It’s quiet….too quiet. Stocks in New York were mostly unchanged over night. So now what?
Well yesterday Aussie stocks were up 2.5%. The question is whether this the leading edge of a liquidity driven rally in shares…or just an old-fashioned but impressive short squeeze.
One thing to keep your eye on is the G-20 finance ministers in Busan, South Korea this weekend. They will get together and agree to do nothing urgent. The one thing they will definitely NOT be doing is raising interest rates. They are too creeped out about a sovereign debt crisis in Europe leading to another liquidity crisis, according to Bloomberg.
Of course we’re already reading some reports in the press that Europe is not Lehman and that the stock market rally is a signal that Europe’s debt woes won’t put a lid on stocks for the rest of this year. But Simon Kennedy and Shamim Adam of Bloomberg report that, “Group of 20 central bankers are delaying their withdrawal of emergency stimulus as Europe’s debt crisis shakes financial markets and threatens to hinder the global recovery.” (Mmmm….gushers of free cash to boost bank profits. Yummy).
There’s a global recovery? How did we miss this? Just for the record, we reckon it’s going to be very hard for economies in Europe, America, the UK, and Japan to put up big annual growth numbers when they are saddled with so much public debt. The servicing of this debt is going to consume a larger and larger share of tax revenues, which will struggle to grow as it is.
“China property risk worse than in US,” reports Geoff Dyer in the Financial Times. “The problems in China’s housing market are more severe than those in the US before the financial crisis because they combine a potential bubble with the risk of social discontent, according to an adviser to the Chinese central bank.”
“The housing market problem in China is actually much, much more fundamental, much bigger than the housing market problem in the US and the UK before your financial crisis,” Professor Li Daokui told the FT.
By now you might be thinking we see housing bubbles everywhere we look. That might be true. You can never predict where credit will go during a credit bubble. It picks an asset class that is accessible to the public and whose boom benefits multiple groups.
This article by Fan Gang, a professor of economics in Beijing, shows that China’s credit bubble was driven by local government borrowing. Local government’s borrowed big to achieve double digit growth rates. Part of that growth came from infrastructure spending (resource bullish) and housing development.
With Europe’s troubles and America’s oil spill (yet another example of how the modern centralised State is increasingly ineffective in dealing with a crisis), the prospect of a bubble blow out in China has receded from the investment landscape. But it hasn’t gone away.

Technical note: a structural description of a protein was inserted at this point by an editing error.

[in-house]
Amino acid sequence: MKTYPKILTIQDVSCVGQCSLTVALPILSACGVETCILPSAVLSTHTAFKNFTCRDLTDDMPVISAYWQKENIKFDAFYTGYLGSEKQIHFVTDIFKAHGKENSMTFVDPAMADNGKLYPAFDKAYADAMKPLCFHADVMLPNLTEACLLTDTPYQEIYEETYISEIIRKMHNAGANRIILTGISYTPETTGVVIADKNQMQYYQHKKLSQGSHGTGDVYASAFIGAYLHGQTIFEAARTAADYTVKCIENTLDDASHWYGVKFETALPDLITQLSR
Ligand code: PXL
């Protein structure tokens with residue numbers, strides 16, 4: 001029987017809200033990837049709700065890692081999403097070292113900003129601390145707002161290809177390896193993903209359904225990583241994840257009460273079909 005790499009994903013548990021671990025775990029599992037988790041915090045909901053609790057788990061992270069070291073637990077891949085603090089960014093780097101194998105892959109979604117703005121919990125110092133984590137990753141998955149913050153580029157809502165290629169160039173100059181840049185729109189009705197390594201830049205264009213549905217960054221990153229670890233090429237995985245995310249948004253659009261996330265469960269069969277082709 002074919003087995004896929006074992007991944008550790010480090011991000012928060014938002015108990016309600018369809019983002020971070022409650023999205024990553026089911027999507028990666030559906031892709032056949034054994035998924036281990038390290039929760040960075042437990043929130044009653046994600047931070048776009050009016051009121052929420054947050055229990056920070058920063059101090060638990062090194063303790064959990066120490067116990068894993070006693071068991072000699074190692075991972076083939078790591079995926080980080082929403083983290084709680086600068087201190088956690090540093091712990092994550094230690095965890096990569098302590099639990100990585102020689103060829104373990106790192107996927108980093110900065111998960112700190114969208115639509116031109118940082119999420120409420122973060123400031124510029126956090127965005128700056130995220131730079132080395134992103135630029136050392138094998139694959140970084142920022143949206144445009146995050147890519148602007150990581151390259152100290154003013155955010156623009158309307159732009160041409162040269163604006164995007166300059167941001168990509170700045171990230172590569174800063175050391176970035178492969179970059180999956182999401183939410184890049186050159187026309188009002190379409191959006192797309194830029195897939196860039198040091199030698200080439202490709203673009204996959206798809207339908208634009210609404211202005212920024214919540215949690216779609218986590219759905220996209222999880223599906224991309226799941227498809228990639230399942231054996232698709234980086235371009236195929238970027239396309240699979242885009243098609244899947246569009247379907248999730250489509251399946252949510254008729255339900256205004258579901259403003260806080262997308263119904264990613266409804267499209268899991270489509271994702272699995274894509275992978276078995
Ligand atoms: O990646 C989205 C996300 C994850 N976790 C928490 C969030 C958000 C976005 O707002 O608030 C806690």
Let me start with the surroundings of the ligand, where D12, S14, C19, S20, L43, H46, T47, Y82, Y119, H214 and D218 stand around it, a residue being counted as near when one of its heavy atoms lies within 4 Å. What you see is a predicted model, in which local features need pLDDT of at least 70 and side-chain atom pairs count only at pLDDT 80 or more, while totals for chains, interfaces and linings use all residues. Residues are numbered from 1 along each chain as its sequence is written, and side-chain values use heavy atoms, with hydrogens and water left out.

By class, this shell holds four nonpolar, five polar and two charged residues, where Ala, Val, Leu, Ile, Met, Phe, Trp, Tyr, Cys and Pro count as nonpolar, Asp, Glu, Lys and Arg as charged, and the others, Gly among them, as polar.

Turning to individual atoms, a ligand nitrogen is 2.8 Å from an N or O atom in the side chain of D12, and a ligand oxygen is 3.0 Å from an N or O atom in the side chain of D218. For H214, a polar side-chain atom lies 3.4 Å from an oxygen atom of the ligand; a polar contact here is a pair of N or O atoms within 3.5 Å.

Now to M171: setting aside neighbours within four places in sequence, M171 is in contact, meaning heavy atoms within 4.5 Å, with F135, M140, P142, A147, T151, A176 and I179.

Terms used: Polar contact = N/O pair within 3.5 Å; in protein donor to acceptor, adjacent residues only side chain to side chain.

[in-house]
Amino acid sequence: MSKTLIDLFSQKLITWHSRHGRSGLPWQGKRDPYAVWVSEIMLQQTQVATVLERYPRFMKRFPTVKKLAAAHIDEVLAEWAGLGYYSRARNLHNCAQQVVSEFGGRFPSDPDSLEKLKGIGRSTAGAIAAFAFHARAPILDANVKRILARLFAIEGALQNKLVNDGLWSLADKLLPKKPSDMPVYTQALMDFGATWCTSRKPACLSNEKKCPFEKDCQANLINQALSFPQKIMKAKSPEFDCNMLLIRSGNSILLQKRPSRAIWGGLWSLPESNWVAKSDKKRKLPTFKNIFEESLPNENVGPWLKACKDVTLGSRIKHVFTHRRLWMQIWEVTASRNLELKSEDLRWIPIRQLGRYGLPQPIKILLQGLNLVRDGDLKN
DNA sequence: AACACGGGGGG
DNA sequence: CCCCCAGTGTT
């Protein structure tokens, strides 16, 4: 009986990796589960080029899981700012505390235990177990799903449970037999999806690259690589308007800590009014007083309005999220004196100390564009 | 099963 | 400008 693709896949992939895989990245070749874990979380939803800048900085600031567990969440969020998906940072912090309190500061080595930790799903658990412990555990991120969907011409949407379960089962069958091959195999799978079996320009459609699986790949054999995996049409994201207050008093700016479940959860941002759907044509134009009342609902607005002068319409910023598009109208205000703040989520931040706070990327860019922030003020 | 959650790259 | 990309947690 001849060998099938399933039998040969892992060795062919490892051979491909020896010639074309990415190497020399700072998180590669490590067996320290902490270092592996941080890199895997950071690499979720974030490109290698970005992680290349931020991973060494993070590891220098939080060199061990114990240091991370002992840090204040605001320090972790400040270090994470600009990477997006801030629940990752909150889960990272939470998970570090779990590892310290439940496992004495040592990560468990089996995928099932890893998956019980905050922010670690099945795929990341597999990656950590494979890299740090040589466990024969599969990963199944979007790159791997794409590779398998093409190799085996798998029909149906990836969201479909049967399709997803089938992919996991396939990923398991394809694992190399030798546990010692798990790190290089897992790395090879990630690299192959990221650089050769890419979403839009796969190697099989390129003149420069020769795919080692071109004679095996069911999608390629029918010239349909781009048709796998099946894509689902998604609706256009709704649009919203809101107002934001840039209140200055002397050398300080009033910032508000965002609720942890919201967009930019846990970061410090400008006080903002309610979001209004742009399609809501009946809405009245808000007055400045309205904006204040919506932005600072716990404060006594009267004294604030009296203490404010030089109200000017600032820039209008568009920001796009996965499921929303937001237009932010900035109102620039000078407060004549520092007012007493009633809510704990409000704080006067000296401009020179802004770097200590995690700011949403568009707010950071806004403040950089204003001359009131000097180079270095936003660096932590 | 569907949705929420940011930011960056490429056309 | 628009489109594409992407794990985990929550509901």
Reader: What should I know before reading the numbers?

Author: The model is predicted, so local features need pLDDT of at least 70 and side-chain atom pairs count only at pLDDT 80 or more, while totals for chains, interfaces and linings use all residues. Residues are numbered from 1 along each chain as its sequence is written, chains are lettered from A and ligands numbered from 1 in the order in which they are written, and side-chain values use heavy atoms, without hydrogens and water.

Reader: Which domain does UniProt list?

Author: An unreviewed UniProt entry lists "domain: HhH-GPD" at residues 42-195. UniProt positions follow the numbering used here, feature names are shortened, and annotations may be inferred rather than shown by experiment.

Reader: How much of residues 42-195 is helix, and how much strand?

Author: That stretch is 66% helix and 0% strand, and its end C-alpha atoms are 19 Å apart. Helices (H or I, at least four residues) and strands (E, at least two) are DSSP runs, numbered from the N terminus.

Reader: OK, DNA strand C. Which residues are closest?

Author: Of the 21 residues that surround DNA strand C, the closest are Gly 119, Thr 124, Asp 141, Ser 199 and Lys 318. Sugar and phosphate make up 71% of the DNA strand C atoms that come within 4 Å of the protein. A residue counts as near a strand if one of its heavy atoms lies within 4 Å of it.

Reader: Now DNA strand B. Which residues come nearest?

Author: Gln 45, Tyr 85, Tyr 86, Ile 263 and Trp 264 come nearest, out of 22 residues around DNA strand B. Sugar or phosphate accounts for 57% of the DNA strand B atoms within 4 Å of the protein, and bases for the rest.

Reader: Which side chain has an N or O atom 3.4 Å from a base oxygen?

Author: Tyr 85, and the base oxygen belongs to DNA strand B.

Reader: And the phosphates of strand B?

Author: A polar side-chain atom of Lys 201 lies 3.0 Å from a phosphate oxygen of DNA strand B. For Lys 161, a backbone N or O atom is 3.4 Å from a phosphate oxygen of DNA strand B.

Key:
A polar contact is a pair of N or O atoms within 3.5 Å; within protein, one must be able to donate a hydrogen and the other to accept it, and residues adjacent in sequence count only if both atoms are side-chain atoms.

Here in Australia the big news yesterday was Xstrata’s decision to cancel jobs and spending on coal projects in Queensland. Xstrata deemed that those projects would be adversely affected by the Resource Super Profits Tax. It canned them.
Some analysts think the re-rating of mining and oil shares (for different reasons) has already made both sectors attractive. Value investor David Dreman says, “We think the proposed 40 percent Australian tax is likely to come down some…And since both Rio Tinto and BHP have gone down very significantly, we think there’s some value there.”
He continued by saying, “We also think there’s a good deal of value in some of the exploration and development companies in the United States that have been going down since this enormous BP spill…I think there’s value in some of these natural resource stocks now.” Both Kris Sayce and Alex Cowie seem to agree, although both are being cautious about managing risk right now.
And finally, some reader mail in response to the mostly constructive criticism we received last week. Have a great weekend!
Have followed your Reckonings for years now. Call it my cross to bear. Subscribed to the Reserve for my sins because I like what you write – along with that Bonner fellow.
Sure, mining can be a neat way to poison the environment and given half a chance any miner will cut corners – this is what they do in terms of risk mitigation for their costings in a) determining mine viability and risk in the first place and b) maximising profit. But the same applies to most industry – paper mills, tanneries – what have you. Weak legislation is the culprit, along with poor prosecution.
However, I am a big fan of small government and being left the hell alone to lead my life my way in peace. So it seems I am on the horns of a dilemma – I don’t trust big business enough to do the right thing but neither do I trust government to do the right thing. I think that in this we are possibly in the same boat.
There is therefore but one sad solution. And when I become the benevolent dictator and sole ruler of my country, I’d be grateful to have your services as counselor and lord high executioner for whomever I see fit to be put up against the wall and shot.
Keep up the good work. I enjoyed the essay a lot. I would not have been as polite [to critics] but since I am an alleged passive aggressive personality type I guess my views would have been more forthright. As in ‘eat s$*t and die m*&#$r f&^@#$rs!. Die!’ (ESAD for short – drop it into conversations with bankers and other people you don’t like – it’s great. Makes me laugh every time and it is Amazing with a capital A to see what happens in your favour when laughing). I call it Dictator Prep.
So I appreciate your efforts to keep it on the level without losing the plot as I most assuredly would have done.